Kohli hails Bumrah as India's deadliest weapon
Virat Kohli believes seamer Jasprit Bumrah has India's World Cup rivals "clueless" when it comes to playing him.
Bumrah terrorised South Africa in Southampton as the Proteas slipped to a third straight World Cup defeat, with India prevailing by six wickets.
India skipper Kohli hailed Bumrah for arriving in England knowing he is ready to dominate the World Cup, and admitted the Ahmedabad-born paceman has the game's top batsmen bamboozled.
"He can nick you off on any wicket and he has that belief," said Kohli. "He's just going to bowl consistently and can still get you out. When you see batsmen clueless against him, and he's actually rushing people.
"To get guys out like that, just rushing them a bit, it's a great thing and it's a testament to his hard work. He understands that this is his time and he's making the most of it. He's going to be a massive factor for us here."
Rohit Sharma racked up an unbeaten 122 as India coasted to their target, gearing up to face Australia at The Oval on Sunday with a comfortable victory.
India launched their World Cup campaign in fine style, restricting South Africa to 227 for nine, with Bumrah to the fore and Yuzvendra Chahal bagging four for 51.
Bhuvneshwar Kumar grabbed a pair of wickets himself and Kuldeep Yadav also claimed a wicket as India fired a warning shot to opponents looking to hit big that they will take some subduing with the ball.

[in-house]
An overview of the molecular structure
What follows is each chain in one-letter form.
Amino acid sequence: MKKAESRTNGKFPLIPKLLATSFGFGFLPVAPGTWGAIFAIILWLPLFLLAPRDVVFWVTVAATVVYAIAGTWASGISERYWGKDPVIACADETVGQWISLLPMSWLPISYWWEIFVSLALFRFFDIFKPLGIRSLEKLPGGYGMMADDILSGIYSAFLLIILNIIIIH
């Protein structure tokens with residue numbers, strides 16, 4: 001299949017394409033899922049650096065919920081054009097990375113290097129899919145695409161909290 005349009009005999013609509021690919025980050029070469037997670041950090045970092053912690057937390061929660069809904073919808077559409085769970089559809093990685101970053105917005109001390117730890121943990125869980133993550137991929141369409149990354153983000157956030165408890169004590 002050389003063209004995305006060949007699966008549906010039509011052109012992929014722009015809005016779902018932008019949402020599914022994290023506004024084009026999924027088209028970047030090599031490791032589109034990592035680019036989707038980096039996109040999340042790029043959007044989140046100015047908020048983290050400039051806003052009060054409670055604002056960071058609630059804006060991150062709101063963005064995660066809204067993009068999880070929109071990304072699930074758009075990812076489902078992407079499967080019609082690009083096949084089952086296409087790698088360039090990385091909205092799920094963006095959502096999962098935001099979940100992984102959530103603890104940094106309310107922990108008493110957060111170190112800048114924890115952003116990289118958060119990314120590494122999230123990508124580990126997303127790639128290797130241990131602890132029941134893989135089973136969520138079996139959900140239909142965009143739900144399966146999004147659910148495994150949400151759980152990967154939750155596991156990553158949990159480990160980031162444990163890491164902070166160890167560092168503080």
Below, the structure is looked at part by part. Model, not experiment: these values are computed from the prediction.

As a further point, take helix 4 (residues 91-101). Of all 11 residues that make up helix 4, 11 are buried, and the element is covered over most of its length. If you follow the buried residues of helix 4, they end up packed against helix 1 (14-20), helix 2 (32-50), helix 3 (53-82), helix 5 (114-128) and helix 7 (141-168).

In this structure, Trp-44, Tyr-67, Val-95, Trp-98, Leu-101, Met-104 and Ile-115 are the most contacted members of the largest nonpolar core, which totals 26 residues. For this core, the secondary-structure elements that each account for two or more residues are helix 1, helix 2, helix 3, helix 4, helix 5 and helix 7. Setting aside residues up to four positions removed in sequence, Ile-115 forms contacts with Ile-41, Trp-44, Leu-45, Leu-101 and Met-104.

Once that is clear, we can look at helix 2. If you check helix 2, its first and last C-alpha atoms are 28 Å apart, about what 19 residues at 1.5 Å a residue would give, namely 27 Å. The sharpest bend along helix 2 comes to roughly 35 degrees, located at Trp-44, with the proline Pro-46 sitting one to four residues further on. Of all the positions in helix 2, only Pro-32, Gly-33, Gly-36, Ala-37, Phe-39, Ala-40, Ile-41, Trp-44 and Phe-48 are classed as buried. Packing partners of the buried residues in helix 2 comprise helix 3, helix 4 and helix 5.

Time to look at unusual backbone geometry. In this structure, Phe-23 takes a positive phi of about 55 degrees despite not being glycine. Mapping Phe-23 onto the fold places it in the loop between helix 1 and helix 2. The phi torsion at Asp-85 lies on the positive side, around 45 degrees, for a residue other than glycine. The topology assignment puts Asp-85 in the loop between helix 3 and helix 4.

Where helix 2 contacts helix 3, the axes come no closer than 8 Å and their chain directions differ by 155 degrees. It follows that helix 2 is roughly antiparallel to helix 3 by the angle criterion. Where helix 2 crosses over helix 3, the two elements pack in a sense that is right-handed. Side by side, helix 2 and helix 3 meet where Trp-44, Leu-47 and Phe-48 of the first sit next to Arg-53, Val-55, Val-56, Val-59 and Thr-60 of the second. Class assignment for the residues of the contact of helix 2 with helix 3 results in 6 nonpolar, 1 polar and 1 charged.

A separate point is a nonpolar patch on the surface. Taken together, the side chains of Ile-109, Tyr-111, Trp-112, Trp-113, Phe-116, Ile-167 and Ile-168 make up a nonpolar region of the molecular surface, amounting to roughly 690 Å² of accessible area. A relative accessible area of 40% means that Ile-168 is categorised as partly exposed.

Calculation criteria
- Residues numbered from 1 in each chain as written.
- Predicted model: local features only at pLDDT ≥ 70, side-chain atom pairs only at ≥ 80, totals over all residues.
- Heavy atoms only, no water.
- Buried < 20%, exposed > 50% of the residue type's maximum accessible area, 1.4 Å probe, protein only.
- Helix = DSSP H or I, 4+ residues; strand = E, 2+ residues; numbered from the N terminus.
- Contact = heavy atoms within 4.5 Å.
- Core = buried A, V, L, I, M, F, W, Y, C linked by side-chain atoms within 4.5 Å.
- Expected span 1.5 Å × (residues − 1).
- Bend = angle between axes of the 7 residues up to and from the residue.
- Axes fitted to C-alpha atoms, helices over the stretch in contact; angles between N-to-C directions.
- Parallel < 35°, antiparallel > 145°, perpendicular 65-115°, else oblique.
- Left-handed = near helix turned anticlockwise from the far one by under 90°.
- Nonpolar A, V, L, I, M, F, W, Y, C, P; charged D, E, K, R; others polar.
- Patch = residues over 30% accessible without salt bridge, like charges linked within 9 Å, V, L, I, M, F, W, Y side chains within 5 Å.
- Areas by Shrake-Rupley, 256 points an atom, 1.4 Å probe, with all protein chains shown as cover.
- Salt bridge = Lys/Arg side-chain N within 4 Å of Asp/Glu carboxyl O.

Kohli revealed Bumrah is even striking fear into his team-mates in the nets, but insisted India are relishing such a tough examination in training.
"Facing Jasprit, you have to play good cricketing shots against him and back your technique against him," said Kohli.
"If you're hesitant, he's all over you.
"If he senses you're not enjoying the short ball, he makes sure you get it. He will bounce people, york people with the new ball. If you're not on top of your game, it can be trouble. If you play well against him in the nets, you walk out with more confidence."
South Africa meanwhile were left to lick the wounds of a third defeat in a row, that leaves their World Cup semi-final hopes hanging by a thread. Paceman Chris Morris insisted however that the under-fire Proteas still have the wherewithal to conjure the six straight victories they will need to stand any chance of reaching the last four.
"It's pretty simple: lose three in a row at the World Cup, and you need to win every game from now on in," said Morris.
"But the guys know what needs to be done, they are disappointed and a little bit angry.
"We'll sort that out in our heads tonight and when the sun comes up we'll go again.
"It's pretty simple: win the next six and crack on. The schedule has been a bit tough. It has been a bit tough on the body.
"But mentally we are pretty fresh, it's quite draining to go three down. But I think we'll be okay, there's a lot of strong-willed guys in that team. The fans at home, all we can say to them is 'stay with us, back us as much as we can and we'll try and perform for you'. Stranger things have happened in the past in World Cups in any sport."
• New Zealand scraped a nervy World Cup win over Bangladesh as Ross Taylor marked his 400th international match with a crucial half-century.
Taylor, who reached the milestone across all formats, hit 82 off 91 balls and shared a superb 105-run partnership with Kane Williamson during a dramatic two-wicket success.
The Black Caps had looked on course for a comfortable second successive victory of the tournament after Matt Henry's four-wicket haul helped bowl Bangladesh out for 244.
The Tigers threatened an unlikely comeback before falling agonisingly short in the 48th over.